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Using the Quantitative Genetic Threshold Model for Inferences between and within Species
Philosophical Transactions: Biological Sciences
Vol. 360, No. 1459 (Jul. 29, 2005), pp. 1427-1434
Published by: Royal Society
Stable URL: http://www.jstor.org/stable/30041356
Page Count: 8
You can always find the topics here!Topics: Phenotypes, Phylogeny, Evolution, Species, Genetics, Quantitative genetics, Quantitative traits, Statistical models, Maximum likelihood estimation, Covariance
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Sewall Wright's threshold model has been used in modelling discrete traits that may have a continuous trait underlying them, but it has proven difficult to make efficient statistical inferences with it. The availability of Markov chain Monte Carlo (MCMC) methods makes possible likelihood and Bayesian inference using this model. This paper discusses prospects for the use of the threshold model in morphological systematics to model the evolution of discrete all-or-none traits. There the threshold model has the advantage over 0/1 Markov process models in that it not only accommodates polymorphism within species, but can also allow for correlated evolution of traits with far fewer parameters that need to be inferred. The MCMC importance sampling methods needed to evaluate likelihood ratios for the threshold model are introduced and described in some detail.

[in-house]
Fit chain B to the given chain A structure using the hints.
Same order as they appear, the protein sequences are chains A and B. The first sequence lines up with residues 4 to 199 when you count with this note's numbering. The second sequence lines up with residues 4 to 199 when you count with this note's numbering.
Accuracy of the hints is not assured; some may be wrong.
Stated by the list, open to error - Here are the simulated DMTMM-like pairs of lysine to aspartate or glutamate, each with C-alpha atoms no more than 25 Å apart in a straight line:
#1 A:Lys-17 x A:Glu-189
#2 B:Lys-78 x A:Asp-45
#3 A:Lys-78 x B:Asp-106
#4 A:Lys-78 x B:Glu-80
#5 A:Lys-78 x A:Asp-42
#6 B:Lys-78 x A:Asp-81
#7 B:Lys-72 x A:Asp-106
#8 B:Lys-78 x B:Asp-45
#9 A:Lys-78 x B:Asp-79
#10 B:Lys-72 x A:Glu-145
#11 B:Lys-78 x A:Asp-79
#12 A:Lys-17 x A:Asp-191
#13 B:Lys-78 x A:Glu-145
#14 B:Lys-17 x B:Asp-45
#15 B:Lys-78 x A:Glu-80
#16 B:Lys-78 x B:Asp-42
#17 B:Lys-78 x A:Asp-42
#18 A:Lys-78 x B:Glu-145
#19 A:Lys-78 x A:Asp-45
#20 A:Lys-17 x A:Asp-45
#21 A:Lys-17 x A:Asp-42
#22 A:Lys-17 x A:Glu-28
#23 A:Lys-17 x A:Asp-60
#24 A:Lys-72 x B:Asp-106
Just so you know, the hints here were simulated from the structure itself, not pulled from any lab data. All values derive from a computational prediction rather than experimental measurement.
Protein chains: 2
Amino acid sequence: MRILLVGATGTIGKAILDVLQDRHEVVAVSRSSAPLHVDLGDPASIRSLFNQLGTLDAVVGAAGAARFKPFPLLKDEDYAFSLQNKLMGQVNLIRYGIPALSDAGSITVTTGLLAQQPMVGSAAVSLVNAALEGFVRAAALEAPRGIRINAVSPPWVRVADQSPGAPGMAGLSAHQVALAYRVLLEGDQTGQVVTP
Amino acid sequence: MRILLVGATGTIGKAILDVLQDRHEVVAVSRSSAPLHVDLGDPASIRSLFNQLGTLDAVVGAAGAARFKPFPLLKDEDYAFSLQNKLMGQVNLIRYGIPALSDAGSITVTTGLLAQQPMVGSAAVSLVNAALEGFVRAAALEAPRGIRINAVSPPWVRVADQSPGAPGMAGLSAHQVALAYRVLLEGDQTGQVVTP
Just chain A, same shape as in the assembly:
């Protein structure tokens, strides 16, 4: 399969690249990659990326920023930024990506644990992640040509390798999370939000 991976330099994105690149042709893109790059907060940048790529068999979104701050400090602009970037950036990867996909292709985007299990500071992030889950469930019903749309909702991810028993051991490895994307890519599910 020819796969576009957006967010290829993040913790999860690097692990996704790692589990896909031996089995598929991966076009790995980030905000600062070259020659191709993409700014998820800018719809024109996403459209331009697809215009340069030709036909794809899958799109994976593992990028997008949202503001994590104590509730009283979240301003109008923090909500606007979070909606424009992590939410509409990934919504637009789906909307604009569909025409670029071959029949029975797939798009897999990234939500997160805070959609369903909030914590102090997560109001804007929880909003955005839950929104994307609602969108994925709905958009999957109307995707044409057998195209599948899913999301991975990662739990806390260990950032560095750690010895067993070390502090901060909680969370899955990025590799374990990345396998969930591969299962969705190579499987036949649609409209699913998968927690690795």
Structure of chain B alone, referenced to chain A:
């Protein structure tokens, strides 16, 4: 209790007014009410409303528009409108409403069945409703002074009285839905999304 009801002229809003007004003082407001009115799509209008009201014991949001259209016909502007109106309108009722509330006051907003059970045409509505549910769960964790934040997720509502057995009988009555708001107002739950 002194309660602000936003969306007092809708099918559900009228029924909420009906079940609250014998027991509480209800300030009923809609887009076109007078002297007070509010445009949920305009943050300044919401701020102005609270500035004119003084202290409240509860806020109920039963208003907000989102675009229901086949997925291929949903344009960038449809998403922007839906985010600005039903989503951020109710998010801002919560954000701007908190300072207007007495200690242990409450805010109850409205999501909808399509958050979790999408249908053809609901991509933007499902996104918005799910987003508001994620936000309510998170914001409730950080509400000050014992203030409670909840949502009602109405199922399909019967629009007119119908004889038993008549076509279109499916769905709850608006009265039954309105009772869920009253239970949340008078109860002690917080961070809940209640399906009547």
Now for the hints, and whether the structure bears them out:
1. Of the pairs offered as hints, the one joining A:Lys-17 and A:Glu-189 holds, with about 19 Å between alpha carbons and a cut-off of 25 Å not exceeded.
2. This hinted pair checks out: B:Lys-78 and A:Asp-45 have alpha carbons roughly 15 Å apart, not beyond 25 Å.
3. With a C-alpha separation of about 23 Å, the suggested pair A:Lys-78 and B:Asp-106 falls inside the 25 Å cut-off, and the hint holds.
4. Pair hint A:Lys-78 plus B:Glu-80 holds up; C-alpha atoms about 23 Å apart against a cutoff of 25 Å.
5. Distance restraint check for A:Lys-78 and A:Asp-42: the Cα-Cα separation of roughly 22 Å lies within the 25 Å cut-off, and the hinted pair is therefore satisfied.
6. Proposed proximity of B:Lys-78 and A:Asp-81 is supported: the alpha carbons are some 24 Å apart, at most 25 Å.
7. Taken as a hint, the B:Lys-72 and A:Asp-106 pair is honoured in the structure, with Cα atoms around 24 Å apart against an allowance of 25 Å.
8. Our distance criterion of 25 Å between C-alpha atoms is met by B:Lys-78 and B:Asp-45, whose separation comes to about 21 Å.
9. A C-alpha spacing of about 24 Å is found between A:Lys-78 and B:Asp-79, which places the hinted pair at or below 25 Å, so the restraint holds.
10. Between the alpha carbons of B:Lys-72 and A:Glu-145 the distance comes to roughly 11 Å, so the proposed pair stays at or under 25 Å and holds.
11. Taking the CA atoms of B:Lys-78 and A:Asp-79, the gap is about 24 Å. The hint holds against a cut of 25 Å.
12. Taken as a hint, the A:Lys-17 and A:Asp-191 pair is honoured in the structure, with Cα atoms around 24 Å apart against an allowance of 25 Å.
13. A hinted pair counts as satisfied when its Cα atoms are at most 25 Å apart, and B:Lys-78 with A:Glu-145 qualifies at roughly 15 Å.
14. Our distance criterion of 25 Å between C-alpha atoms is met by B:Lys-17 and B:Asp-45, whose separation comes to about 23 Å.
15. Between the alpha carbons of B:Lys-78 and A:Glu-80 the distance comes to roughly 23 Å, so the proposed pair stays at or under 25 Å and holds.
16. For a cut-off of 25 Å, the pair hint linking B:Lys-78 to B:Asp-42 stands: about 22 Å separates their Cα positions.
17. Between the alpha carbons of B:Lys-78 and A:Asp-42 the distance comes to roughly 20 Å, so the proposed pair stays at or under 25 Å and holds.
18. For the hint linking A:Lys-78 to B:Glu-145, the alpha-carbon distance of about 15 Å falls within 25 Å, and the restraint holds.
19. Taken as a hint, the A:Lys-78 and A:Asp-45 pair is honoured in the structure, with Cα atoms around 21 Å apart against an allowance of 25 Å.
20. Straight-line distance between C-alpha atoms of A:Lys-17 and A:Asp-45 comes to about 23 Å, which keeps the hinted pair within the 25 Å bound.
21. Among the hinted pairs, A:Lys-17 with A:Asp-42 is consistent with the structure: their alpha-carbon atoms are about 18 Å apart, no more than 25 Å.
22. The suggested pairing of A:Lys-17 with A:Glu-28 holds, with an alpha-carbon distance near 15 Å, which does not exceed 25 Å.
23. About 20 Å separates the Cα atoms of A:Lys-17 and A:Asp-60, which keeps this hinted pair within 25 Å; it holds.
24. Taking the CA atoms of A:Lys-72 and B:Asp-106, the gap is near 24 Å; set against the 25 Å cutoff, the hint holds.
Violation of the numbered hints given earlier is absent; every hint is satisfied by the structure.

Philosophical Transactions: Biological Sciences © 2005 Royal Society